“Look there the water has washed off the waste, we can throw there” a lady amongst us pointed out.
A fisherman was standing there so we were calculating the velocity with which we can throw the garbage and not hit him.
“Let him complete his Puja” One of us noticed that he was about to begin his morning Prayer.
He started by throwing few plastic bottles, tissue papers and leftover food materials from his boat into the water, emptied his mouth filled with Gutka or Paan whatever red thing he was eating, washed his face, arms and legs with that same water. Then religiously, took some water in his palm, faced the sun and offered his prayers while slowing dropping the water back into the river. Then posed a Namaskar and recited the prayers.
I wondered what “Mukesh” would say about this, I guess the Paan, Bidi, Gutka, Cigarette Ad makers forgot to mention – Not only humans animals also suffer from cancer and other deadly diseases. So by throwing Gutka, Paan, or cigarette butts inside water bodies people are making it a living hell for those relying on natural water resources.
“Deva Deva, such a nice religious man” one of us remarked
At a distance, I could see huge fishing nets, placed inside the water. The fisherman completed his Puja and rowed his boats towards those already placed nets.
“Common let’s throw our bag now; his Puja is done, it’s getting late”
My God, who catches fish in this garbage? I recalled my visit to the Chilika Lake a few months ago, with large fishing nets at arms distance, the lake was really crying for help, the siltation was clearly visible. On one instant the boatman dropped his long bamboo to row his boat when the bamboo slightly came out of the water, we got a glimpse of grey clay-like substance dripping from the large stick. It was disgusting and sad.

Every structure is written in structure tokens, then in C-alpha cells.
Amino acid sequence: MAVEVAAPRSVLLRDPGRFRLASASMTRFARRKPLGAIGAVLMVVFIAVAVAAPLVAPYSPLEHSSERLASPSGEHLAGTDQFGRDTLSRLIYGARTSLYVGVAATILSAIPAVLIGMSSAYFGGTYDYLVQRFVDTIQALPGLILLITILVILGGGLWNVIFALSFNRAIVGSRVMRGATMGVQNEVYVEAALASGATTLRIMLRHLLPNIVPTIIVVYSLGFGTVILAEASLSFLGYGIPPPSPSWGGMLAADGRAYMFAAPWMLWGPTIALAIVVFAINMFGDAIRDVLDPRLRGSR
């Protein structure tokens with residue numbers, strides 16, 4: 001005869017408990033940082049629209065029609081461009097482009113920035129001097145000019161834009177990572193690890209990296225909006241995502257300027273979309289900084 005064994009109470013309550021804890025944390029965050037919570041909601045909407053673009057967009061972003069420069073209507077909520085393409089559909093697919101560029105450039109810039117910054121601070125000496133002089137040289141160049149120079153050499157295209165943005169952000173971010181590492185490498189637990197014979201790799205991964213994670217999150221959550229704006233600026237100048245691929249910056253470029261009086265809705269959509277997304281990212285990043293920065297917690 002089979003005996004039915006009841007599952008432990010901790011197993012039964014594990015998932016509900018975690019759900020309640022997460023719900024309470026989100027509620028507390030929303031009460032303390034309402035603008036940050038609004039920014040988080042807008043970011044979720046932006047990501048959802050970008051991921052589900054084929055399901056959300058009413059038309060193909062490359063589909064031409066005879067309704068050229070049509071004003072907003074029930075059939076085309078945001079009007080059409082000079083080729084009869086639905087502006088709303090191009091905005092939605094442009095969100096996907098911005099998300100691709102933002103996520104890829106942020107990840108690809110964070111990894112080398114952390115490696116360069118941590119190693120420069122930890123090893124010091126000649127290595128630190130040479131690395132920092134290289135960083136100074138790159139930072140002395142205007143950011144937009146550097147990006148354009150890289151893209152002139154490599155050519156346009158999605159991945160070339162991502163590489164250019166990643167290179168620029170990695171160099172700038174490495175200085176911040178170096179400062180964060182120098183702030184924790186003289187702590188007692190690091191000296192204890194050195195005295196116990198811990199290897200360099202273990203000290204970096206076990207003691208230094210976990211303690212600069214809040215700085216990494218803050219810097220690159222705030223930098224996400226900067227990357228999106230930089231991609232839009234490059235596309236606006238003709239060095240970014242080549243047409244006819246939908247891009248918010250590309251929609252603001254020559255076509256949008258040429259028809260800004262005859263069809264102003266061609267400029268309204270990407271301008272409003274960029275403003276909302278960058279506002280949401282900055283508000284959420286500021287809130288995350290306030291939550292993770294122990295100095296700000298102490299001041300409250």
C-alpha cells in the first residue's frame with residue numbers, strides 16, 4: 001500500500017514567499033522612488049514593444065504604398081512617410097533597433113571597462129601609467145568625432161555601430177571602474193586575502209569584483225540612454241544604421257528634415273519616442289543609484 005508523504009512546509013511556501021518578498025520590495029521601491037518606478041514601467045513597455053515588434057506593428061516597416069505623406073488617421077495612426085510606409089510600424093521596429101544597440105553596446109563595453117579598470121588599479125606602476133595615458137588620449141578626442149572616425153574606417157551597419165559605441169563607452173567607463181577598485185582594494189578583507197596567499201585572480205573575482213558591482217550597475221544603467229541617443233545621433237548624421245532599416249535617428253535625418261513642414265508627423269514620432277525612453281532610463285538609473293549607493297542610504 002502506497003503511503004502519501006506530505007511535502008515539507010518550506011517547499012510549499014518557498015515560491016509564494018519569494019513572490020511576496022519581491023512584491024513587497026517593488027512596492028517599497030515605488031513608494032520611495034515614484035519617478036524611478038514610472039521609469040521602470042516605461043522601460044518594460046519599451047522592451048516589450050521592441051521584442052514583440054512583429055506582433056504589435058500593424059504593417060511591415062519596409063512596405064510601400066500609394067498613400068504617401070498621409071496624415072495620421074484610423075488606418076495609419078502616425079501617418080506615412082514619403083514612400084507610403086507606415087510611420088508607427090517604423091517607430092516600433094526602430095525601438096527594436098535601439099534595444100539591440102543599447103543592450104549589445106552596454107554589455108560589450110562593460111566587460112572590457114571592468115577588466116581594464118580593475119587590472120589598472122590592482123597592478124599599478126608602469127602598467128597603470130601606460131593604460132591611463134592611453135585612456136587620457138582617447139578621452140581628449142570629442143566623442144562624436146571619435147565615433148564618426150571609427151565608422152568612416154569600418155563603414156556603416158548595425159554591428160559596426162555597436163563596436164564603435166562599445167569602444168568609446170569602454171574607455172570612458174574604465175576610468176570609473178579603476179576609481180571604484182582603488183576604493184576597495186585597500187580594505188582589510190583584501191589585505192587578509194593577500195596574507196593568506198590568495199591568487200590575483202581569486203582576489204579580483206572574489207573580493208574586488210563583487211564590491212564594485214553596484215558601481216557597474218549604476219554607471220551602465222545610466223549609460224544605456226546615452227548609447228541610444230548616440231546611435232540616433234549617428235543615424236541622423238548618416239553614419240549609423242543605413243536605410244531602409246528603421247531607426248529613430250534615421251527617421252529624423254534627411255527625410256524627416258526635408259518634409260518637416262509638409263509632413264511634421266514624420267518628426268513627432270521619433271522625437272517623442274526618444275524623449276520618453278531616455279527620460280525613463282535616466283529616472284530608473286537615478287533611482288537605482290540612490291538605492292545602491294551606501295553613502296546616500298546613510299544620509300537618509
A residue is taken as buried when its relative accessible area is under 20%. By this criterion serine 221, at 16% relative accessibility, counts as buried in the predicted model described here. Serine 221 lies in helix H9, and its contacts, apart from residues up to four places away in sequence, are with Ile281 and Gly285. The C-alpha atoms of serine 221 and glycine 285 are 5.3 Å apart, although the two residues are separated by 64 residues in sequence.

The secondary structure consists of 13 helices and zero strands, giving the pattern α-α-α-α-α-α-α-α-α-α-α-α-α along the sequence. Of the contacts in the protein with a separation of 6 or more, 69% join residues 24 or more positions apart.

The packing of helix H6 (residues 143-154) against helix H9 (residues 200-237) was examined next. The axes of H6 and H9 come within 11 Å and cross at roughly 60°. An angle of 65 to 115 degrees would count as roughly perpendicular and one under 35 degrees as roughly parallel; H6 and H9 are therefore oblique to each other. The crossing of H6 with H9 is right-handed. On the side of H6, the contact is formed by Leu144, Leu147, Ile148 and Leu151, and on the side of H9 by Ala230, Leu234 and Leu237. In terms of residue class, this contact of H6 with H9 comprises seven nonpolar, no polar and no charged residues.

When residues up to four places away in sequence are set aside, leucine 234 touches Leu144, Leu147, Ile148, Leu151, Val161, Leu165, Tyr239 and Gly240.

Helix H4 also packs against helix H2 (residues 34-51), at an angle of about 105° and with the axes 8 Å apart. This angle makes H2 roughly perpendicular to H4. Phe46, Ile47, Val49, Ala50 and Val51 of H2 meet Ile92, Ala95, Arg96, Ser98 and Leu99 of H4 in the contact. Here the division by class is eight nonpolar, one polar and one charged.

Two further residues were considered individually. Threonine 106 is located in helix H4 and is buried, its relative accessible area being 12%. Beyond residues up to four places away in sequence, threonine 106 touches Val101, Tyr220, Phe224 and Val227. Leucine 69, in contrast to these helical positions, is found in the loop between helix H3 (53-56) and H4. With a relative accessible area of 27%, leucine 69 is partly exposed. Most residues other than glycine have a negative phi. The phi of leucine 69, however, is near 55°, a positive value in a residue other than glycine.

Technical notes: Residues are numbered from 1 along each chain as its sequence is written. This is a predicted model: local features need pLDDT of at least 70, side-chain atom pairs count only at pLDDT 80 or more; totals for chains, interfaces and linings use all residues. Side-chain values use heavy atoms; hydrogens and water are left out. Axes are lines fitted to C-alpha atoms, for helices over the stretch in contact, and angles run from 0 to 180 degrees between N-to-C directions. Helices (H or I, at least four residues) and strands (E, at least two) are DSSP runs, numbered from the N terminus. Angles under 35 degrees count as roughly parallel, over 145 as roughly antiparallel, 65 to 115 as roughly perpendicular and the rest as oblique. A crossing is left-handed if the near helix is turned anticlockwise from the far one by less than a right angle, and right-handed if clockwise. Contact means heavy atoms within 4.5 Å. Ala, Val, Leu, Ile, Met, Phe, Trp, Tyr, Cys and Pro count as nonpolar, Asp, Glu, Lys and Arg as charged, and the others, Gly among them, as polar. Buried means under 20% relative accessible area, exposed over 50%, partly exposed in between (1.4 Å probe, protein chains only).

Few days back I came across an article on the World Economic Forum’s website, it stated: As India grows and urbanizes, its water bodies are getting toxic. It’s estimated that around 70% of surface water in India is unfit for consumption. Every day, almost 40 million liters of wastewater enters rivers and other water bodies with only a tiny fraction adequately treated. A recent World Bank report suggests that such a release of pollution upstream lowers economic growth in downstream areas, reducing GDP growth in these regions by up to a third.
“Who will come to the rescue of our beloved mother nature?” Submerged in my own thoughts, I wondered
“It’s in your hands” I heard a voice
Did I hear God’s voice? startled,I looked around
The lady standing beside me gave a strong nudge “Arey It’s in your hands, throw it now”
I had recently moved to this building and till date had not made a single friend. All this while, I was trying to mingle with them by keeping my mouth shut and following their lead. But my subconscious was not allowing me to play along with them any longer. I was standing at a good distance from the riverbed and my nostrils were already burning with the filthy smell. It’s horrifying to think about the plight of those fishes, plants and insects who rely on natural water resources to survive. The face of that innocent girl kept popping in my mind. Rachna Ma’am had done her bit, now it was our turn.
While looking for answers, I noticed a garbage collecting truck passing nearby. Realizing that this was my only chance, I ran at a full speed and threw the waste puja materials inside the truck. The ladies gasped so loudly I was able to hear them clearly from a distance.
It was a “Darr K Aage Jeet Hai” moment for me. As the truck moved away with the load, I felt such huge relief and happiness. At least I did my bit, by standing for what is right and rational. Later for obvious reason, I had to call a cab in order to reach home and my heroic act was not at all praised and now the entire building has divided opinions about me.
Frankly speaking, I no longer care, because now at least I can face those kids and give them a proper answer. Thankfully, in our country kids are taught about pollution and how it is essential to stop it. But who will teach these God-fearing adults?
A passionate writer, who loves to pen down her thoughts/stories and enjoys as the